The vast textile machinery heritage of the United Kingdom puts many of the 45 members of the British Textile Machinery Association (BTMA) at the forefront of their fields.
Virtually all of today’s textile manufacturing processes – from the carding, spinning, weaving, knitting, tufting and nonwoven bonding of fibres through to advanced colouration, finishing and printing techniques – can be traced back to initial British patents and research and development that have spread outwards across the globe.
An eagerness to break new ground continues to this day, with BTMA members actively involved in pioneering new technologies to assist developments in a number of growing fields, such as composites manufacturing, advanced medical materials, performance sportswear and intelligent textiles.
A good record in innovation and a reputation for high quality go hand in hand, says BTMA Director Alan Little. “At a time when everyone wants everything faster, cheaper and better, producers have to constantly raise their game when it comes to quality assurance and supply chain efficiency,” he adds.
Alan Little, BTMA Director
“Customers have become accustomed to quality and they won’t compromise. As the pressure increases, standards are going up, not down. BTMA member companies are world class in areas such as testing, monitoring and process improvement, so they can make a strong argument for becoming strategic partners to companies in any part of the supply chain and there isn’t a product or process anywhere that can’t be improved even further.”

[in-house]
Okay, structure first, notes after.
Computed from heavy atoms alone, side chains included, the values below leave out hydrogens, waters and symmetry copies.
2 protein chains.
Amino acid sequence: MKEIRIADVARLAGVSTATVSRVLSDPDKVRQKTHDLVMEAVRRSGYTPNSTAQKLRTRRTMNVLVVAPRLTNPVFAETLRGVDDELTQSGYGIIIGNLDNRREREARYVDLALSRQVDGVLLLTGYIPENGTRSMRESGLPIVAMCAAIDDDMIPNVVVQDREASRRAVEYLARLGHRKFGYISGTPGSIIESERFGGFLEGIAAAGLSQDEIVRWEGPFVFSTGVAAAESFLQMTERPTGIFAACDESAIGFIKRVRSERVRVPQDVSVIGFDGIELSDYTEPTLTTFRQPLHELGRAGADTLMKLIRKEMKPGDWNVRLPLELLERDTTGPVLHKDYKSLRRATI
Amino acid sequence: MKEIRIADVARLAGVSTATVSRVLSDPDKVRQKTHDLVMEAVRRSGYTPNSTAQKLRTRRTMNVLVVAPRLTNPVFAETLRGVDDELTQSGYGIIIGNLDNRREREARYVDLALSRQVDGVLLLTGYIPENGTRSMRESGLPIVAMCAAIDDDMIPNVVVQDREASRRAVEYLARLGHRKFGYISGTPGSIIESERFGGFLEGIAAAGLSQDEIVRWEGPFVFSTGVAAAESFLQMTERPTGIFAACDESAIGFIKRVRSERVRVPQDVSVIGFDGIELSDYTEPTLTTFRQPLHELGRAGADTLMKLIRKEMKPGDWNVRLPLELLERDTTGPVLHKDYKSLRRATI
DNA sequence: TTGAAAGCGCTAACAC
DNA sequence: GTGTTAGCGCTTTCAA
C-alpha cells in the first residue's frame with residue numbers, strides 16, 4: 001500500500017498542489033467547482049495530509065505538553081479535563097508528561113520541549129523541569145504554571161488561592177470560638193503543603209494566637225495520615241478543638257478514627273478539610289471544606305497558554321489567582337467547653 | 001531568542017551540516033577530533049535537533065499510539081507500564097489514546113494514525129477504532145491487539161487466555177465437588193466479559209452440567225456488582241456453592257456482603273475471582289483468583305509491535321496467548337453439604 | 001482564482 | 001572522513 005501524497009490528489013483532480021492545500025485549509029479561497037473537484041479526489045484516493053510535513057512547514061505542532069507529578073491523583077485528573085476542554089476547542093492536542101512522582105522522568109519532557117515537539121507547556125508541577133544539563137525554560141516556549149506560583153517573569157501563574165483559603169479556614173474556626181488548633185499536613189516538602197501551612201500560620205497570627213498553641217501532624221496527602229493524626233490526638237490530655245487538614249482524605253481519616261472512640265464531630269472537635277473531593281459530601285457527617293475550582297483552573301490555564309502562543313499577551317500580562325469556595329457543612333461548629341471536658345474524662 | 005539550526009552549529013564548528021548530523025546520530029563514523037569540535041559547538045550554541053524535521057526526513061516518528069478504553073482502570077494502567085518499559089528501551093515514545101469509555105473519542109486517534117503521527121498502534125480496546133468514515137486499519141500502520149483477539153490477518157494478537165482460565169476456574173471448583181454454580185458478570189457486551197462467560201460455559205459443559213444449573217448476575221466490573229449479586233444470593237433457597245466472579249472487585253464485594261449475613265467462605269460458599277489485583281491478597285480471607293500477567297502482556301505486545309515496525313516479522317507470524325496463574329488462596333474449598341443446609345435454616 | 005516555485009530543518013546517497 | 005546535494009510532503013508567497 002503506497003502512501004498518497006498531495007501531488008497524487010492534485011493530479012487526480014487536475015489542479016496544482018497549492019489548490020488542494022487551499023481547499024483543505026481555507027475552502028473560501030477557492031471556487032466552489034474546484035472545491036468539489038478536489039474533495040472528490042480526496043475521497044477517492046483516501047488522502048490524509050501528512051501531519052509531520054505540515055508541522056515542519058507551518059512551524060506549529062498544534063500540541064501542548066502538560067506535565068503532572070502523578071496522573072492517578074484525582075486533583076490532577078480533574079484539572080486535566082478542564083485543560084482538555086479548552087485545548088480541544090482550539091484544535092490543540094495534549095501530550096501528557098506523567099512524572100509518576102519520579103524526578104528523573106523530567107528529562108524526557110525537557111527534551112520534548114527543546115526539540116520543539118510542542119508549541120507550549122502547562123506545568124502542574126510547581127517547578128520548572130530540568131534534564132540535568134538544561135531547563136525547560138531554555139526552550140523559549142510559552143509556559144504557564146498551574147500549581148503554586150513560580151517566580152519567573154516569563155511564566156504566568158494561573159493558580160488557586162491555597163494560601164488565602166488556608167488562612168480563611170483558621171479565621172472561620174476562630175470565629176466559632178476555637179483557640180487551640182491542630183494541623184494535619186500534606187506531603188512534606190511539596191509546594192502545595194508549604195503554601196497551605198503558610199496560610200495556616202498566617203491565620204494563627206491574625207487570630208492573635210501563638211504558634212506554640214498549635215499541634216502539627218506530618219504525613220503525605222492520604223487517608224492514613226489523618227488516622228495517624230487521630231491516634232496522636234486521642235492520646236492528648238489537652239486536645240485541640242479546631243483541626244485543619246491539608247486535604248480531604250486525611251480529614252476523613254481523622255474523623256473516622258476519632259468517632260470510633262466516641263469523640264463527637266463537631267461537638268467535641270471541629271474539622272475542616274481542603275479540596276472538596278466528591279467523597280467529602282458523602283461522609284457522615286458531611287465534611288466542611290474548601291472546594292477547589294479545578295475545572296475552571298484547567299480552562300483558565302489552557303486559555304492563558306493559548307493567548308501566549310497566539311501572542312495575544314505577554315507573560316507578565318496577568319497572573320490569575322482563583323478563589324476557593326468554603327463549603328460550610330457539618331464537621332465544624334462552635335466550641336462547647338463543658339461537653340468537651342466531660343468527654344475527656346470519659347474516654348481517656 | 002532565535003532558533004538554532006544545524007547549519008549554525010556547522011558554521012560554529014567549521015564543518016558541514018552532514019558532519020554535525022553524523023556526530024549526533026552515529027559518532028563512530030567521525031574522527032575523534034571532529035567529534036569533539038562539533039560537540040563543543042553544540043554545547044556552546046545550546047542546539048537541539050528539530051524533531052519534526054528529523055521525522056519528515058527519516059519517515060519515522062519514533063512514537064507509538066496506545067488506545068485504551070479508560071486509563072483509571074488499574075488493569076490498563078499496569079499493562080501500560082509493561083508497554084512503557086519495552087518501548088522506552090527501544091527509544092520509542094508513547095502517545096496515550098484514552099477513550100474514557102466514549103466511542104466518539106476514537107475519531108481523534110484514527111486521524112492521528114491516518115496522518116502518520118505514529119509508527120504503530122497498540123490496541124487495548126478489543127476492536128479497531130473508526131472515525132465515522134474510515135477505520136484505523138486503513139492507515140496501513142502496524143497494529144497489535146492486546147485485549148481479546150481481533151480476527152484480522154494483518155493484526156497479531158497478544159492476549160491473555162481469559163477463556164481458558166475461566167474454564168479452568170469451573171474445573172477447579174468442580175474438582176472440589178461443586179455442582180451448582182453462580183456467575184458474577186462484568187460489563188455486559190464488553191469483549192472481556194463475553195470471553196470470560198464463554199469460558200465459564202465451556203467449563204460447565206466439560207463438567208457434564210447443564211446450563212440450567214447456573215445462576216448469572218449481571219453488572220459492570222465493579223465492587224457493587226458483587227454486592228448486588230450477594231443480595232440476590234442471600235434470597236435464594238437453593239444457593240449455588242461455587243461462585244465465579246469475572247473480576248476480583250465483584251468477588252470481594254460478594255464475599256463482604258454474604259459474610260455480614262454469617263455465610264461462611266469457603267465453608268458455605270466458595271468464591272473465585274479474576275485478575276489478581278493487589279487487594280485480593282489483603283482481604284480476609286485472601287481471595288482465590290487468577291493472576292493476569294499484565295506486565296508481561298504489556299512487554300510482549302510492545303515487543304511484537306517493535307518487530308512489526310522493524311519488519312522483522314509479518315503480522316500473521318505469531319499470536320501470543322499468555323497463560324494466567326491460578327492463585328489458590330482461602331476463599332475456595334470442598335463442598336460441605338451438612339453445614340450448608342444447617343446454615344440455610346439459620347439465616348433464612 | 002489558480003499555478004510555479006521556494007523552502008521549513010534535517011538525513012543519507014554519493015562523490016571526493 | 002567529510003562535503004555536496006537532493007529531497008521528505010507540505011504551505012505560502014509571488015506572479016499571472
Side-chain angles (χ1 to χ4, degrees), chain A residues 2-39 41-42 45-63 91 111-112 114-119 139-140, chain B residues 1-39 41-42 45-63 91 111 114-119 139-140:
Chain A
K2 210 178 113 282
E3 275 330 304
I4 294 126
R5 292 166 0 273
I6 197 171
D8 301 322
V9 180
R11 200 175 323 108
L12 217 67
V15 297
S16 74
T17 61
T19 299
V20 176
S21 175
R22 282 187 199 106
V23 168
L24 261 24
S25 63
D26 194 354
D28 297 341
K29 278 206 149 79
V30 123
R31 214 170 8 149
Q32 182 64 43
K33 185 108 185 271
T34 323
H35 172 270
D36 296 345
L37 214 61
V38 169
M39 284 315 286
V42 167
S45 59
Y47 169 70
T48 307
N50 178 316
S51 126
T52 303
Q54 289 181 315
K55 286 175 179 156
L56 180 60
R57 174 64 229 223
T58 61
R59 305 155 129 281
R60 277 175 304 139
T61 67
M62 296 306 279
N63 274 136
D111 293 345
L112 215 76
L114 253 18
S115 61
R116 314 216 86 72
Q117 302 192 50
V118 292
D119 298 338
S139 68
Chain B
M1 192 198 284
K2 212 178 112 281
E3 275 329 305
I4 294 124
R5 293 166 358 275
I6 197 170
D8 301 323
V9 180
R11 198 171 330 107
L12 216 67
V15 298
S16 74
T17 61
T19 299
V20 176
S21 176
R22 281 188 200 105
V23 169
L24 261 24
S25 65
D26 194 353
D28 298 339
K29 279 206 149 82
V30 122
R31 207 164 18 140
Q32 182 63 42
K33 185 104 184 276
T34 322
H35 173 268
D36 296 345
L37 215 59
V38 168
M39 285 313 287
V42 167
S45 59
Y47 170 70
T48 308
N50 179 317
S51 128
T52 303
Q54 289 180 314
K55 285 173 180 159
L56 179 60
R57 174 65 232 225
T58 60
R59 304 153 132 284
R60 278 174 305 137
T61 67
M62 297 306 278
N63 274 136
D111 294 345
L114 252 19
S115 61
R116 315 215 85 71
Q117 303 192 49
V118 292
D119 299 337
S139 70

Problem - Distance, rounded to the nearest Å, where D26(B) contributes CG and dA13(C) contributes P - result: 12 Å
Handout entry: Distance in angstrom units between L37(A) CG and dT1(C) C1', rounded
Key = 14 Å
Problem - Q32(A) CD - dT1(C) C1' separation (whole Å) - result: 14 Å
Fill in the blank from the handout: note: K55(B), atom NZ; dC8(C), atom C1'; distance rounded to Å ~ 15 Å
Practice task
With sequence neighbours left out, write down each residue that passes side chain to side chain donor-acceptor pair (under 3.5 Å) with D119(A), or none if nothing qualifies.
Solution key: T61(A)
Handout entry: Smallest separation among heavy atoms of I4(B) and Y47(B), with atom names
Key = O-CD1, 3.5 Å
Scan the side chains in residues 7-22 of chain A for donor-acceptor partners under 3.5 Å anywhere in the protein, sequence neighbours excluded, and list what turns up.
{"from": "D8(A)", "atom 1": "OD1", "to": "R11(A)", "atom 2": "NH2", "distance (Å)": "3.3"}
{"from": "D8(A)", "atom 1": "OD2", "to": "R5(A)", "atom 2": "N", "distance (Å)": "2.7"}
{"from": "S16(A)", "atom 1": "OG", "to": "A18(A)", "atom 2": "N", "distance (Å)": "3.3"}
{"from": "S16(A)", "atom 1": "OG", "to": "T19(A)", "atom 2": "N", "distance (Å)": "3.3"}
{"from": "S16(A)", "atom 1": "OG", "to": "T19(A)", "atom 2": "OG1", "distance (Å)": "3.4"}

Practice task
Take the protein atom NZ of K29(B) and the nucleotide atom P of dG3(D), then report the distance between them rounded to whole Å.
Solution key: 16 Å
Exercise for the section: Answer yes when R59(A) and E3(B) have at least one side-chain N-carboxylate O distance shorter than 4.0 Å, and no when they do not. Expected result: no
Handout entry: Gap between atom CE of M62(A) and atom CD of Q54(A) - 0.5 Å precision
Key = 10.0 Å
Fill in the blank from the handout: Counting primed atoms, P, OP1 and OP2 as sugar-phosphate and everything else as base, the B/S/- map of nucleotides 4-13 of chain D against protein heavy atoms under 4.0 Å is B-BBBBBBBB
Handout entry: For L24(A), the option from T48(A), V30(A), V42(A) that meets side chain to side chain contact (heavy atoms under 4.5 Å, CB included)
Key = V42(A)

The key to the success of Leeds-based Fibre Extrusion Technology (FET) in the supply of laboratory and pilot melt spinning systems, for example, is its in-house process development laboratory. This allows customers to carry out trials, proof of concept testing, collaborative research, sampling and prototyping and a major £1 million upgrade to it has just been completed.
“As a leading supplier of high performance equipment to technical textile and nonwoven manufacturers, it is essential that the company’s in-house laboratory facilities keep pace with global technological progress in the textile and high performance industries,” says managing director Richard Slack. “This development reflects both the rate of change in the industry and the collaborative policy FET holds with its clients.”